Vote 2020 graphic
Everything you need to know about and expect during
the most important election of our lifetimes

Horse Skeleton With Saddle and Harness Still Attached Uncovered at Pompeii

Illustration for article titled Horse Skeleton With Saddle and Harness Still Attached Uncovered at Pompeiiem/em
Image: Pompeii Archaeological Park

The volcano that destroyed Pompeii in 79 AD affected both the citizens of the ancient Roman city and their animal companions, as a remarkable new discovery shows.

Advertisement

The remains of a horse, with its harness and saddle still attached, have been uncovered at the Villa of Mysteries at Pompeii Archaeological Park in Italy, the BBC reports. The formerly luxurious villa is a well-preserved suburban estate on the outskirts of Pompeii that once overlooked the sea. Massimo Osanna, the director general of the park, said the horse likely belonged to a high-ranking military officer, possibly a general, or a high-ranking military magistrate.

Advertisement

In 79 AD, Mount Vesuvius erupted, peppering the ancient Roman city with ash and rock. A dense, fast-moving cloud of hot gas and debris locked many of its victims in their final death position. Thousands of residents were killed during the eruption, many of whom were trying to flee. Indeed, the condition of the newly discovered horse, with its harness and saddle attached, suggests the animal was being prepared for the evacuation.

Along with the saddle and harness, archaeologists found fragments of wooden and bronze trimmings, in addition to two other thoroughbred horses, according to the BBC. The Villa of Mysteries and its stable was located along the northern outskirts of the city.

Illustration for article titled Horse Skeleton With Saddle and Harness Still Attached Uncovered at Pompeiiem/em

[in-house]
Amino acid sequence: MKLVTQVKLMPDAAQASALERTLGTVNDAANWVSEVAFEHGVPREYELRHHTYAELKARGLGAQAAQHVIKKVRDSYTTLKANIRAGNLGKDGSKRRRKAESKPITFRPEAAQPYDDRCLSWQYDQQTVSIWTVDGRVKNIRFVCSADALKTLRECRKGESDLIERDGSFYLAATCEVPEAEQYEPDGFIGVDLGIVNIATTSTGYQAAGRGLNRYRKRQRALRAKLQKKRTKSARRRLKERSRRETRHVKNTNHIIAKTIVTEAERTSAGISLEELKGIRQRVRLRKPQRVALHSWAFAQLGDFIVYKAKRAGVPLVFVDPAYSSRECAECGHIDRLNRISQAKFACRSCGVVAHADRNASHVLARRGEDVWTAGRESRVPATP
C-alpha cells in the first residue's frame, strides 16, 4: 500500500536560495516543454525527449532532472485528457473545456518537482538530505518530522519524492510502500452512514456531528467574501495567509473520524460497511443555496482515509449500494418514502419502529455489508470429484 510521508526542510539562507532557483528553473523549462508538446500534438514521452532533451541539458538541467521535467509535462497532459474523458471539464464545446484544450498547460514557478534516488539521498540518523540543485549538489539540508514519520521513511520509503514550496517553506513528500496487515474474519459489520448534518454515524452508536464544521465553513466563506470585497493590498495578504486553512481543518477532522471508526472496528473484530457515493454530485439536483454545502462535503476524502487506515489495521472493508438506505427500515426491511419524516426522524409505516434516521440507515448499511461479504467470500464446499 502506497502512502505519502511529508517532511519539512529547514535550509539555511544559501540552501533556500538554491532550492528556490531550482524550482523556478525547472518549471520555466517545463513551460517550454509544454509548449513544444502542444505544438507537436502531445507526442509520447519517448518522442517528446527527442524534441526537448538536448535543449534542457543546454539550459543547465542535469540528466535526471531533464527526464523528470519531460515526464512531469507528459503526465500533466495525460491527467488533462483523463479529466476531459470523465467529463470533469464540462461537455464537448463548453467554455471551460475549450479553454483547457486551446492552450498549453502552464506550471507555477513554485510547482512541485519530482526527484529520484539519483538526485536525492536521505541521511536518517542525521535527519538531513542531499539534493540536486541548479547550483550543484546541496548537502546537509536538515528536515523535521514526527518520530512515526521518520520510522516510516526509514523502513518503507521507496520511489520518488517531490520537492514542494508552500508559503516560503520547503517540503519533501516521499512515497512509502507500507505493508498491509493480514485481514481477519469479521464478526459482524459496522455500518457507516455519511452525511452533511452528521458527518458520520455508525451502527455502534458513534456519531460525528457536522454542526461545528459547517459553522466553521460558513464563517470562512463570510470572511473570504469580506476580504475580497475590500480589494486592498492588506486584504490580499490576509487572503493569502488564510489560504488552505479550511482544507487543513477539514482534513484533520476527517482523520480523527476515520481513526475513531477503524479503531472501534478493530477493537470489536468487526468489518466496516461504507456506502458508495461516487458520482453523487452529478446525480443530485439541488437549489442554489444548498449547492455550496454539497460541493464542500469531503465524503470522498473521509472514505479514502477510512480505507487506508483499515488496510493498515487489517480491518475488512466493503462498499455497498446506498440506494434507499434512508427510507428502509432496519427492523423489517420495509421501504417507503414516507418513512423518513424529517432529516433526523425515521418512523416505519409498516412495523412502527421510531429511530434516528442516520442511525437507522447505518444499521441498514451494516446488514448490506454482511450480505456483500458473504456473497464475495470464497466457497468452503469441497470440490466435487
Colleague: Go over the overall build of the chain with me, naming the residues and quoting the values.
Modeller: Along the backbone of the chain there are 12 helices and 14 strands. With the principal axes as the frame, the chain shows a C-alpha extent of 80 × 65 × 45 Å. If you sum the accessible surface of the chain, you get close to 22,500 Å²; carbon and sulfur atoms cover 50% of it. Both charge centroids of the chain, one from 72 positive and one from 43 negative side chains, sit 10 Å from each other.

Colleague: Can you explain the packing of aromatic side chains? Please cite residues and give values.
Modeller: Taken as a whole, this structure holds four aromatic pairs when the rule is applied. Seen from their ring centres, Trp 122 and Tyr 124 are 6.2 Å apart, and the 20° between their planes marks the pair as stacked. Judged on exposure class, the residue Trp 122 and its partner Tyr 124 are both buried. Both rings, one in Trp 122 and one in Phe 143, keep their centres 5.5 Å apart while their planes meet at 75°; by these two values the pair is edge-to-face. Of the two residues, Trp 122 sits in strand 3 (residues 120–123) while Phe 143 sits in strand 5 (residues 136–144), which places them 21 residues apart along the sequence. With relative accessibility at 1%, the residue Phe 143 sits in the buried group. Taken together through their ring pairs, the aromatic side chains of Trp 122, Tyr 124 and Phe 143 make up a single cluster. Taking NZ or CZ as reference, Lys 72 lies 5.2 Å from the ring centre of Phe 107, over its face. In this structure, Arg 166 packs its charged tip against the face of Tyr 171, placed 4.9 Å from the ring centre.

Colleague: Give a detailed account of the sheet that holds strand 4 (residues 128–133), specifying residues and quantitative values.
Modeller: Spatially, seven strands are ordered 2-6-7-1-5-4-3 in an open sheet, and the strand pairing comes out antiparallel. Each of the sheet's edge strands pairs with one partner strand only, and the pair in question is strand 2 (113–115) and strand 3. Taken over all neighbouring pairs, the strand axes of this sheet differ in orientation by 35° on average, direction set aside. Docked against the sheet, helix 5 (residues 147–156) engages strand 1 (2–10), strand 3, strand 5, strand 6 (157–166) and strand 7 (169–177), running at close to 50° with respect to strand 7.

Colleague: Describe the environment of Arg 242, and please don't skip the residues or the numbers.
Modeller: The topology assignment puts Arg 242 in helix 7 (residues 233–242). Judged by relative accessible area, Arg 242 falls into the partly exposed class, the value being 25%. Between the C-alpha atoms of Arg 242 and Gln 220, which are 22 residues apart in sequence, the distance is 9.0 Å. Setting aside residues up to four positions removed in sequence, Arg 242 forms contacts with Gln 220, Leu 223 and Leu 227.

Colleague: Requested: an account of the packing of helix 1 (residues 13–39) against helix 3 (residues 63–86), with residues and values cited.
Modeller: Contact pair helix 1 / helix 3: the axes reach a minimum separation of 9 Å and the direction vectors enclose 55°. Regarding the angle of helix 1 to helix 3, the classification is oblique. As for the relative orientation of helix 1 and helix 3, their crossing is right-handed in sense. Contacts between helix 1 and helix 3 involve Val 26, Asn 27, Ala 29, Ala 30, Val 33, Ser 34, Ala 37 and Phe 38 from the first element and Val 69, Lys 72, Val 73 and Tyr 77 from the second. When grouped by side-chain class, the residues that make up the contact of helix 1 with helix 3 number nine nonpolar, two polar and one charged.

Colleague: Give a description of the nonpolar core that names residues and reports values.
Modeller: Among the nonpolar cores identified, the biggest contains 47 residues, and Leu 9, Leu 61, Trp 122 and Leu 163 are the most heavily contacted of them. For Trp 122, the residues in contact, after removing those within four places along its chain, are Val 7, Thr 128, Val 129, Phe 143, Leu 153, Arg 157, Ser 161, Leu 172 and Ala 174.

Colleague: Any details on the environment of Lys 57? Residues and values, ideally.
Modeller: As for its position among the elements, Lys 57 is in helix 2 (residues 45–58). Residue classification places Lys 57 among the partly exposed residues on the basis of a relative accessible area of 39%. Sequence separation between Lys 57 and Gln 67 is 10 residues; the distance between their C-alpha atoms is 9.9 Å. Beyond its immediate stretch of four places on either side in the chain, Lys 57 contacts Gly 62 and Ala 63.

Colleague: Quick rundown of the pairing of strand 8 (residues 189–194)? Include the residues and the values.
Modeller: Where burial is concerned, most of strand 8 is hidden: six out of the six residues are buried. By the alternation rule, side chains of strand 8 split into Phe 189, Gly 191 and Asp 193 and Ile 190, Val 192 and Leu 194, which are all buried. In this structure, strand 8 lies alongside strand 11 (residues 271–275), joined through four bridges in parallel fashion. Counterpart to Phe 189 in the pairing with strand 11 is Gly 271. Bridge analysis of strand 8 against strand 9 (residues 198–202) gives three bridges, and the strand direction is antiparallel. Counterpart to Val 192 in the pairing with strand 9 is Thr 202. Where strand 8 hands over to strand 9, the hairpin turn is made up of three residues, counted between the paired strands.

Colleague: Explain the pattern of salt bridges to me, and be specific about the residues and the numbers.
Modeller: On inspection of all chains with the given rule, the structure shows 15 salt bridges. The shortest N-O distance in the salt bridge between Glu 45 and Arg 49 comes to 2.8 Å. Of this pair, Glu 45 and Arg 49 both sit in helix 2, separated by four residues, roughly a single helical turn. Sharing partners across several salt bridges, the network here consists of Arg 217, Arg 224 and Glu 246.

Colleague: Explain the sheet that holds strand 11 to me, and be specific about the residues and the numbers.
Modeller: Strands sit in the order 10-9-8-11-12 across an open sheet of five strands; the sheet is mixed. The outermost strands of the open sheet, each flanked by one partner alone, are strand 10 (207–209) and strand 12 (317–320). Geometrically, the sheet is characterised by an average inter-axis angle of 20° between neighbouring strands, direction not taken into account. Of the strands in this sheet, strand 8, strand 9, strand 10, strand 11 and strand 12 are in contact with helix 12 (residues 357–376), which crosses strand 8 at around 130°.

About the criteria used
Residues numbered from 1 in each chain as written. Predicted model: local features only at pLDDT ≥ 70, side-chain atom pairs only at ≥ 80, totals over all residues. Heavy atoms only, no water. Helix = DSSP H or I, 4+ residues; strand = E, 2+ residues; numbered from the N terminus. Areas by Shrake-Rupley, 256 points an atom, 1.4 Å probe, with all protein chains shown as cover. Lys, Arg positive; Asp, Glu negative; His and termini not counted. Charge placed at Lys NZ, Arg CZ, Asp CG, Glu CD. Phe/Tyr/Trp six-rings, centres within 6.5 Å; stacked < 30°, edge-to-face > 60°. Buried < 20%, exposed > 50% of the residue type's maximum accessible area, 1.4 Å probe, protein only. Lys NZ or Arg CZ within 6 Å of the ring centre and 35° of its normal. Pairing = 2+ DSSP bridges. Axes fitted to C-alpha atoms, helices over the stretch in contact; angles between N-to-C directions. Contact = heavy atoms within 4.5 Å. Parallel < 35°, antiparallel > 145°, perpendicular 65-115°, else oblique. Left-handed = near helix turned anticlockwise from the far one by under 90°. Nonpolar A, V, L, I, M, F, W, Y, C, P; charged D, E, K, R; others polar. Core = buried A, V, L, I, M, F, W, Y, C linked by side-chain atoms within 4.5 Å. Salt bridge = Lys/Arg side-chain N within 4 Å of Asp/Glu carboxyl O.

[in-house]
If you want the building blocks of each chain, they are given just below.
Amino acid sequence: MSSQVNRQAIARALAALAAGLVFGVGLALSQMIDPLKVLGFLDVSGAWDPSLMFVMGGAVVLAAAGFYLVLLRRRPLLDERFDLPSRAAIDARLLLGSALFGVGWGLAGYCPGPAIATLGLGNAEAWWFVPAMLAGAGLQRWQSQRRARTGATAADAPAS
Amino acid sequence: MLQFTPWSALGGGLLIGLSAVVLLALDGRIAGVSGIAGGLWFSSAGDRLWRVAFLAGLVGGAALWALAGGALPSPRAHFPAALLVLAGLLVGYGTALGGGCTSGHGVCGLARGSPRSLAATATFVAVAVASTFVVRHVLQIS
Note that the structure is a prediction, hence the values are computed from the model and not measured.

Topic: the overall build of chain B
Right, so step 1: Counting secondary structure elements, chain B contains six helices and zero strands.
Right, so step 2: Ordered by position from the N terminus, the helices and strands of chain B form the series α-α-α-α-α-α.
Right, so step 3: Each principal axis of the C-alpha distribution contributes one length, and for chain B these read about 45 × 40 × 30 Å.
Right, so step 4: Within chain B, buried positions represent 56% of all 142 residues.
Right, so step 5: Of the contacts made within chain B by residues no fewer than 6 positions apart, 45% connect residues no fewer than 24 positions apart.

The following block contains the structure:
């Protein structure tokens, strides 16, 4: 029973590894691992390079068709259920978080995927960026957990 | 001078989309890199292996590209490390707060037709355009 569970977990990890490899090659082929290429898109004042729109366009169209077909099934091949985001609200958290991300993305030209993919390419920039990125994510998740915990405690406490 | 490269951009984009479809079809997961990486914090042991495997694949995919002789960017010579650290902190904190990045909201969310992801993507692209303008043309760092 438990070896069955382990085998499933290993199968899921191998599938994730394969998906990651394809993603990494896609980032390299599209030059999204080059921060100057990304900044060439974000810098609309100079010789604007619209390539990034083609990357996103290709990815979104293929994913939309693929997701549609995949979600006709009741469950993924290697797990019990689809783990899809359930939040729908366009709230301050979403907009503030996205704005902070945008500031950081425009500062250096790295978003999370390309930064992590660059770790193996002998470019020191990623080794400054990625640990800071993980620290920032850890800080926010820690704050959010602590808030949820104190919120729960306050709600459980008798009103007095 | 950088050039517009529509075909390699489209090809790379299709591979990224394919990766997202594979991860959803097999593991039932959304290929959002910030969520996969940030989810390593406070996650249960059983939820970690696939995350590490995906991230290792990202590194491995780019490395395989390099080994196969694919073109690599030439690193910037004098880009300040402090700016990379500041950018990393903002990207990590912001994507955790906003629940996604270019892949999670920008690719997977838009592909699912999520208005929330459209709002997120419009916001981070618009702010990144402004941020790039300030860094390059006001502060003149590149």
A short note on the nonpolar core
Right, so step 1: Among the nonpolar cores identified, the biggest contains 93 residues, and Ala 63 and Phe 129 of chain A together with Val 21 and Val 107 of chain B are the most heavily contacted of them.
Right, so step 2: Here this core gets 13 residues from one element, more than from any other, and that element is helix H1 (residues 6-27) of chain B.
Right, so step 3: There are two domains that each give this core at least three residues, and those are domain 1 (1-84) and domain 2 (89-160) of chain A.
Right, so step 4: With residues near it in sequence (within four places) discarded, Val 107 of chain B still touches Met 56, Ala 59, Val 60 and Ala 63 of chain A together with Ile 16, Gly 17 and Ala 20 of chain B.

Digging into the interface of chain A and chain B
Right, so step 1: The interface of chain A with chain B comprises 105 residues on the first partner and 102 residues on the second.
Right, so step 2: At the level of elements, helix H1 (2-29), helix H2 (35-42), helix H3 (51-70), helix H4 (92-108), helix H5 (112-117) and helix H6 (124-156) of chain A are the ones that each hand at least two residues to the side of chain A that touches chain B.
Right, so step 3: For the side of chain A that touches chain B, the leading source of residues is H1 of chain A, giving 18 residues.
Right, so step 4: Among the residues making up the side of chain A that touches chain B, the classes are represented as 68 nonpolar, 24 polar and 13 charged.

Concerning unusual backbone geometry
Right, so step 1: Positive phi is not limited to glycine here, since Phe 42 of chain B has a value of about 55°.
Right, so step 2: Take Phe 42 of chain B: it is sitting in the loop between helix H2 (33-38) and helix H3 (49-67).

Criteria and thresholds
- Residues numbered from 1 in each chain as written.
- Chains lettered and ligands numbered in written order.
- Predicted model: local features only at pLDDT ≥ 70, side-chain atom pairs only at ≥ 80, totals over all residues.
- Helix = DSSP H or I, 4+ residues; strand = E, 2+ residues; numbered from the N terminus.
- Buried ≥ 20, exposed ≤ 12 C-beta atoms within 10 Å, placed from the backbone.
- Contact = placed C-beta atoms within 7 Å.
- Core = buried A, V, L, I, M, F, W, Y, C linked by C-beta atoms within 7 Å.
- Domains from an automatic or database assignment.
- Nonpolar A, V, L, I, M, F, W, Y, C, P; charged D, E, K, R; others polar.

Image: Pompeii Archaeological Park

Like many of Pompeii’s inhabitants, the horses likely suffered a “fierce and terrible end,” in the words of Osanna, suffocating from the falling ash and hot, noxious clouds of volcanic gas.

Advertisement

Archaeologists have been exploring the remains of the Villa of Mysteries, a UNESCO World Heritage Site, since 1909, but the new discovery shows the ancient estate still has tales to tell.

[BBC]

Advertisement

George is a senior staff reporter at Gizmodo.

Share This Story

Get our newsletter

DISCUSSION

Pompeii is super interesting to visit if you’re ever in the area. It’s worth spending at least part of a day wandering, though having a tour guide to explain what you’re seeing is also really helpful in appreciating it. You get to see the gamut of everyday life at the time the volcano blew, from gyms for gladiator training to rich merchant houses to little food stalls along the streets. There’s even a brothel, with pictures of the specialty of the particular lady of the night in each room above the door. (If you’re looking for the brothel, find a main thoroughfare and look closely for a penis etched into the ground near a corner, then just follow the penis. Seriously.)

And since it’s still an active dig site, you can see all the new stuff they’ve recently unearthed. To see the plaster casts like this horse are easily the most chilling. When they find a cavity they pull out the recoverable pieces, then fill the hole with plaster to get a rough outline of the thing that used to be there (the ground solidified and then the bodies decayed away, leaving the void). I’ve got photos of a cast of a woman who was huddled in a corner with her hands around her knees as she died, and another of a pregnant woman who died on her back somewhere. The rough texture gives them a bit of a haunting appearance, much more viscerally real than a lifelike sculpture would be in my opinion.